ALASKA WOLVES KILLED US TEACHER OUT JOGGING
Colleagues said Candice Berner was determined to experience Alaska
Wolves in Alaska are suspected of killing a teacher in an isolated village while she was out jogging.
An autopsy has revealed that Candice Berner, 32, died of injuries sustained in an animal attack, officials said.
Her body was dragged off a rural road, leaving a bloody track, into the nearby bush and was surrounded by wolf tracks.
Police said wolves in the area had been aggressive recently. If confirmed, it is believed to be the first fatal wolf attack in the US in 50 years.
The Alaska State Medical Examiner said Ms Berner's cause of death was “multiple injuries due to animal mauling”.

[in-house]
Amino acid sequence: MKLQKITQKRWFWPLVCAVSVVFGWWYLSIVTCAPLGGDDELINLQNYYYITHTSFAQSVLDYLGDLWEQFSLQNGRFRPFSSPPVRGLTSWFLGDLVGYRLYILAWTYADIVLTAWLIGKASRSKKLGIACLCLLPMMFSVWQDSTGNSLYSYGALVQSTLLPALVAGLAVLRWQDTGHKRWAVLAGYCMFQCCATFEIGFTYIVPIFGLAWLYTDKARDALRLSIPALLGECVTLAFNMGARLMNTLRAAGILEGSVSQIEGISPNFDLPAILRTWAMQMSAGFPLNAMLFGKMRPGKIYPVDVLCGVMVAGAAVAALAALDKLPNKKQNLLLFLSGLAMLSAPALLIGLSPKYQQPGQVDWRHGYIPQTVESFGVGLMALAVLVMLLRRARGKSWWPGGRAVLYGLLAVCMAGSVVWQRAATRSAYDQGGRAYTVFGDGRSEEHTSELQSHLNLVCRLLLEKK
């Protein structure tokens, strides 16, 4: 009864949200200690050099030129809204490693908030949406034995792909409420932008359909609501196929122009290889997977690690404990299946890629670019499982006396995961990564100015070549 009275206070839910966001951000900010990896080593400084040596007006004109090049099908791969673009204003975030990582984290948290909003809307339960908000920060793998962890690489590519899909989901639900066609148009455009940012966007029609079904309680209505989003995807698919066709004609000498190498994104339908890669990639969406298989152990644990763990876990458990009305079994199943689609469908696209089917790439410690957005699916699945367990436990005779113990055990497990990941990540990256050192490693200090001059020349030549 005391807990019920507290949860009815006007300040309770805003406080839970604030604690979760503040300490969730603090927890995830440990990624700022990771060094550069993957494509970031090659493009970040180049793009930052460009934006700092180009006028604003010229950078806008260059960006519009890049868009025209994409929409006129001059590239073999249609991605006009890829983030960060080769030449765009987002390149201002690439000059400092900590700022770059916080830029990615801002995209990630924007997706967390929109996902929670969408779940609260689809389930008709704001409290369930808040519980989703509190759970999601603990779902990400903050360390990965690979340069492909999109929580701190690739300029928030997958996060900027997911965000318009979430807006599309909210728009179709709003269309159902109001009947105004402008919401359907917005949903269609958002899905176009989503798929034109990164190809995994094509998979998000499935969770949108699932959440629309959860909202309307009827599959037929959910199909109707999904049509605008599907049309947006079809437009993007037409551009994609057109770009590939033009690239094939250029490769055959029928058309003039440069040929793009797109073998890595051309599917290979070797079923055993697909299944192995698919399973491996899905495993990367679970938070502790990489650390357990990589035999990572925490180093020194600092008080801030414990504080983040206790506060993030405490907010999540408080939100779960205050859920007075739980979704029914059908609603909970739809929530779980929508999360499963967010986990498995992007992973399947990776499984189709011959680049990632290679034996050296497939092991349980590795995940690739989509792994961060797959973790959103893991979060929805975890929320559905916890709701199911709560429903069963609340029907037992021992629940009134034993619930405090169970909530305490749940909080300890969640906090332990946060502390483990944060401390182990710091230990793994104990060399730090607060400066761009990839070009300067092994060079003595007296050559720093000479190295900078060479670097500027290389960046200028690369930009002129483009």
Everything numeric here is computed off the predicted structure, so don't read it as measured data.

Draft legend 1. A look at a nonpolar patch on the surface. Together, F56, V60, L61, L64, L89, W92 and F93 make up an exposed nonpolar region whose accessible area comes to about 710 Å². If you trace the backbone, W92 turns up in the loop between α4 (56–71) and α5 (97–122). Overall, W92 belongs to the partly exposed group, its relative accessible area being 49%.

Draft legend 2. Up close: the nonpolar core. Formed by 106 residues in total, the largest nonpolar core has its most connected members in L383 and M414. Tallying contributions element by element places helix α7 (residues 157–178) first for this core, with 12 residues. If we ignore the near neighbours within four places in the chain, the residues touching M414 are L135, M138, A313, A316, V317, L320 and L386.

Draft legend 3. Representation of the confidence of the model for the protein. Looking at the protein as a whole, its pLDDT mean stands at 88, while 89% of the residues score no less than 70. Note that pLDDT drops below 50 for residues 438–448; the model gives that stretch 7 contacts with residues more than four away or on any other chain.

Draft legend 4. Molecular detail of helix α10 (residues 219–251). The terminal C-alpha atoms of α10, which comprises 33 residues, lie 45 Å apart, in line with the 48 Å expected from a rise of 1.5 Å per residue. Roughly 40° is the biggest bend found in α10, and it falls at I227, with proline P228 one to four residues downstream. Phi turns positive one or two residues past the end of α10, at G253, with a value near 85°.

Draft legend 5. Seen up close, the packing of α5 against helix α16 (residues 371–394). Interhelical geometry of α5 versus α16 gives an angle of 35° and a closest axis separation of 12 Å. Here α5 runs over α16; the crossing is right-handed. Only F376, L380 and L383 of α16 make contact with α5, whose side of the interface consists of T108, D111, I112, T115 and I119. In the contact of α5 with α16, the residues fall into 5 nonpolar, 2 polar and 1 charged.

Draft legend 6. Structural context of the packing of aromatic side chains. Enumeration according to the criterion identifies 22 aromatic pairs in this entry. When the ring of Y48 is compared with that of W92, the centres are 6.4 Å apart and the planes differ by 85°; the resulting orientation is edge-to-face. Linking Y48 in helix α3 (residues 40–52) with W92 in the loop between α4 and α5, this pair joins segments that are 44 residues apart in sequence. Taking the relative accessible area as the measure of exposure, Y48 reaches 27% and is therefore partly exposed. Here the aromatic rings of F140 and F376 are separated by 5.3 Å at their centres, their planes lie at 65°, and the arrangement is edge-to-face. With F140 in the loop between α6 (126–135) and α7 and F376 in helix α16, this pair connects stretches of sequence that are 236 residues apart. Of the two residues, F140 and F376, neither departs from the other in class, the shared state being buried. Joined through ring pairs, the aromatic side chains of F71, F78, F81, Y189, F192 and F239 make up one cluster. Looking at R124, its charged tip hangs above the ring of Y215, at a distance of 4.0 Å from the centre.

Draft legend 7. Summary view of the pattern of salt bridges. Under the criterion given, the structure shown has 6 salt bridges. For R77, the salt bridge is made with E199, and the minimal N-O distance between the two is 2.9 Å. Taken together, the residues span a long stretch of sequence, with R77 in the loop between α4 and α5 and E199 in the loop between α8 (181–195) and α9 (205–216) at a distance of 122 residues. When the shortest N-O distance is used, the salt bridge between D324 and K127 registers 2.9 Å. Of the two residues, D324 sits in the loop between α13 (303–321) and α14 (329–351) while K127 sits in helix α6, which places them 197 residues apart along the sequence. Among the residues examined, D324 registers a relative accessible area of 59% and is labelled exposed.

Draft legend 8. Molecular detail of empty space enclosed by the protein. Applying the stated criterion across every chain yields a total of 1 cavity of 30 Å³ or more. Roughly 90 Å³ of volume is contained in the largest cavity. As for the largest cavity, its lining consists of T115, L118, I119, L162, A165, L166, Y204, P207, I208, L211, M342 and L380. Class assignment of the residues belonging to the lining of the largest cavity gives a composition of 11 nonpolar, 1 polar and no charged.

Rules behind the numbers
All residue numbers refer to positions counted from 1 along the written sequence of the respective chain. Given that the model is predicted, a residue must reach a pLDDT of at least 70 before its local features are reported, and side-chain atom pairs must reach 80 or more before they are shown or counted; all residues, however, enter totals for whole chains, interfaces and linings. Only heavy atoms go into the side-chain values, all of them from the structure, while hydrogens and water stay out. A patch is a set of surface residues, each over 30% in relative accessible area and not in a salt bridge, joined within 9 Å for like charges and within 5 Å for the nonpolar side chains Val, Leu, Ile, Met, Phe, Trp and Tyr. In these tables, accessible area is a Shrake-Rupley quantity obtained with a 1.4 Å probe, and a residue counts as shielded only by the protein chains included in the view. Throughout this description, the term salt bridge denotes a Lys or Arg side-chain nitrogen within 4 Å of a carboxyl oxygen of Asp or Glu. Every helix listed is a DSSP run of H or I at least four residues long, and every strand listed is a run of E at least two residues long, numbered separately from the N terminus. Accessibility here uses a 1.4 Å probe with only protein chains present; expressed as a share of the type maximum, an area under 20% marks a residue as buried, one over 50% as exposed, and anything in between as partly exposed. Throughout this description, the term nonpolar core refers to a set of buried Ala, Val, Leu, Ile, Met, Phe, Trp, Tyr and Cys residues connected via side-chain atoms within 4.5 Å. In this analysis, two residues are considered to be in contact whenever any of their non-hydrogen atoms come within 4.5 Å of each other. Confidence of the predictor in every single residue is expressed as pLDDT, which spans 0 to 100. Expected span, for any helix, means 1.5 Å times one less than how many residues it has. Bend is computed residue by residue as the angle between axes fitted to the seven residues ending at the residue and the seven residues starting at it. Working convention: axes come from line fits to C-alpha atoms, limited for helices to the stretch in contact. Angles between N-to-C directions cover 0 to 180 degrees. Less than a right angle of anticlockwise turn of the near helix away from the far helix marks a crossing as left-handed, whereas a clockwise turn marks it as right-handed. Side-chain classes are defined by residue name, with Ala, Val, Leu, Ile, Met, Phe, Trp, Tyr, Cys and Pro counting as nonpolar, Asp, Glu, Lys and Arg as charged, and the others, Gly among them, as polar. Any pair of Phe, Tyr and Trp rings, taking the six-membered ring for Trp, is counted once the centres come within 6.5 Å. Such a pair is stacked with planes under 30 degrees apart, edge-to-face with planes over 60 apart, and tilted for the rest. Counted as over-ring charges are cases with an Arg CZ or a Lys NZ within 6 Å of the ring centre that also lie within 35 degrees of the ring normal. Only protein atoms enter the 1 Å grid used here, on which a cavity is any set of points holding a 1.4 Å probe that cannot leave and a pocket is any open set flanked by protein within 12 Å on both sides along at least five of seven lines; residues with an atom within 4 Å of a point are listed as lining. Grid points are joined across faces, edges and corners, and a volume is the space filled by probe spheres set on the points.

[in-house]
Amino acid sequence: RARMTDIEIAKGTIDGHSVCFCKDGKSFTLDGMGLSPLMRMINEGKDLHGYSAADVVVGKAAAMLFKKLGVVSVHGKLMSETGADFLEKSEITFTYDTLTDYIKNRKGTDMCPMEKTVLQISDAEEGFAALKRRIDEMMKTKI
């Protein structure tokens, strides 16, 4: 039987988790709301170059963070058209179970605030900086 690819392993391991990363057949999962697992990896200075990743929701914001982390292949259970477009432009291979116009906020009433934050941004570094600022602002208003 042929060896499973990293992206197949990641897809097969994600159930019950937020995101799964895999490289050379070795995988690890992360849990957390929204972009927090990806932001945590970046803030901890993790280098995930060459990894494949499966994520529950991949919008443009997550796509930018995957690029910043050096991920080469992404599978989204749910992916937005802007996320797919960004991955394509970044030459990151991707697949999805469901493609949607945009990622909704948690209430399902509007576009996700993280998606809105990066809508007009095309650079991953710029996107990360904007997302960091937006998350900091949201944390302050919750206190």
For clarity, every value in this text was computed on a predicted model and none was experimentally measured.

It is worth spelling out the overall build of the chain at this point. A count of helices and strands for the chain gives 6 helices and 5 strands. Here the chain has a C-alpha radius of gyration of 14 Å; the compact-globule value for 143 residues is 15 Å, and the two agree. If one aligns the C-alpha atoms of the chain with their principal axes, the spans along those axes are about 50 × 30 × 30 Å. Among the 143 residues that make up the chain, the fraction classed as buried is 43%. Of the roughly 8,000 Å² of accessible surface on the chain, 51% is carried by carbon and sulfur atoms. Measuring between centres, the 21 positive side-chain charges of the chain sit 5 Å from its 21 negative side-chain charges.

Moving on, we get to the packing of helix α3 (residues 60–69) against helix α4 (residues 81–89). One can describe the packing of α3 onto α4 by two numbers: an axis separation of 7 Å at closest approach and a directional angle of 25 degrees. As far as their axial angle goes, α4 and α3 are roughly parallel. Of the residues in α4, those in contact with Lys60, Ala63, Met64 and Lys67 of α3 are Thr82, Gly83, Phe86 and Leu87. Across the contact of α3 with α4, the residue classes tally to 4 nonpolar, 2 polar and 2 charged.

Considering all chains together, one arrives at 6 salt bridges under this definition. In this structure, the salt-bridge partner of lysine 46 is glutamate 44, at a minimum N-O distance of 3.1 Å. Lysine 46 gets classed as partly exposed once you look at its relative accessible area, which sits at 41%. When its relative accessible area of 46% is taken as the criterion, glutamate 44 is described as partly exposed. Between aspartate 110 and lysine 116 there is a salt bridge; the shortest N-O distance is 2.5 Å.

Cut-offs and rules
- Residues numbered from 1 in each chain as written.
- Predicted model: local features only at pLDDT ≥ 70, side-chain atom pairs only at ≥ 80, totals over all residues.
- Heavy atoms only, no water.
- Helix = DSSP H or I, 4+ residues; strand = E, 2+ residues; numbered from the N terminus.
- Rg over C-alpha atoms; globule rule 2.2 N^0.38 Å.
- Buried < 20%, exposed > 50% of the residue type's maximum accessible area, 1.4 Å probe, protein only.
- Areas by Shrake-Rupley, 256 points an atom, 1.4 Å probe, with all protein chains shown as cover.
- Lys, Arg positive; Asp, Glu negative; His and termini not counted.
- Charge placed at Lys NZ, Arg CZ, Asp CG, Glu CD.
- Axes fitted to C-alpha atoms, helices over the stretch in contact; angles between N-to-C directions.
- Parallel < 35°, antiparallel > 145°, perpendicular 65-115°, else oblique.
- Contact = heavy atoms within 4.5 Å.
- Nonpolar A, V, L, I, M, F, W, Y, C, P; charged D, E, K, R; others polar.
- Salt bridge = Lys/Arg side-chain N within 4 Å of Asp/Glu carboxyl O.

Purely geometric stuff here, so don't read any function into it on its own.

Her body was found on Monday evening by snowmobilers after she was last seen that afternoon at her school in Chignik Lake, a community of about 100 people 474 miles (760km) south of Anchorage.
Col Audie Holloway, of the Alaska State Troopers, said: “There's no other carnivores in that area that are out and active.
“There were wolf tracks all around the body, and drag marks associated with those tracks.”
“From the number of prints at the scene, we're thinking there probably were, possibly, two, three, maybe four [wolves],” he added.
Wolves are generally very timid around humans
Ms Berner – who had been training for long-distance running – moved to Alaska from Pennsylvania in August.
She was working as a special needs teacher in Chignik Lake.
The community had recently been on alert for wolves on the prowl nearby, said Johnny Lind, president of the village council.
In the last week, school children were being accompanied to school and armed snowmobile patrols had been on the lookout for the animals, he said.
“It's obvious. Goodness. It's obvious,” said Mr Lind, referring to suspicion of wolves' involvement in Ms Berner's death.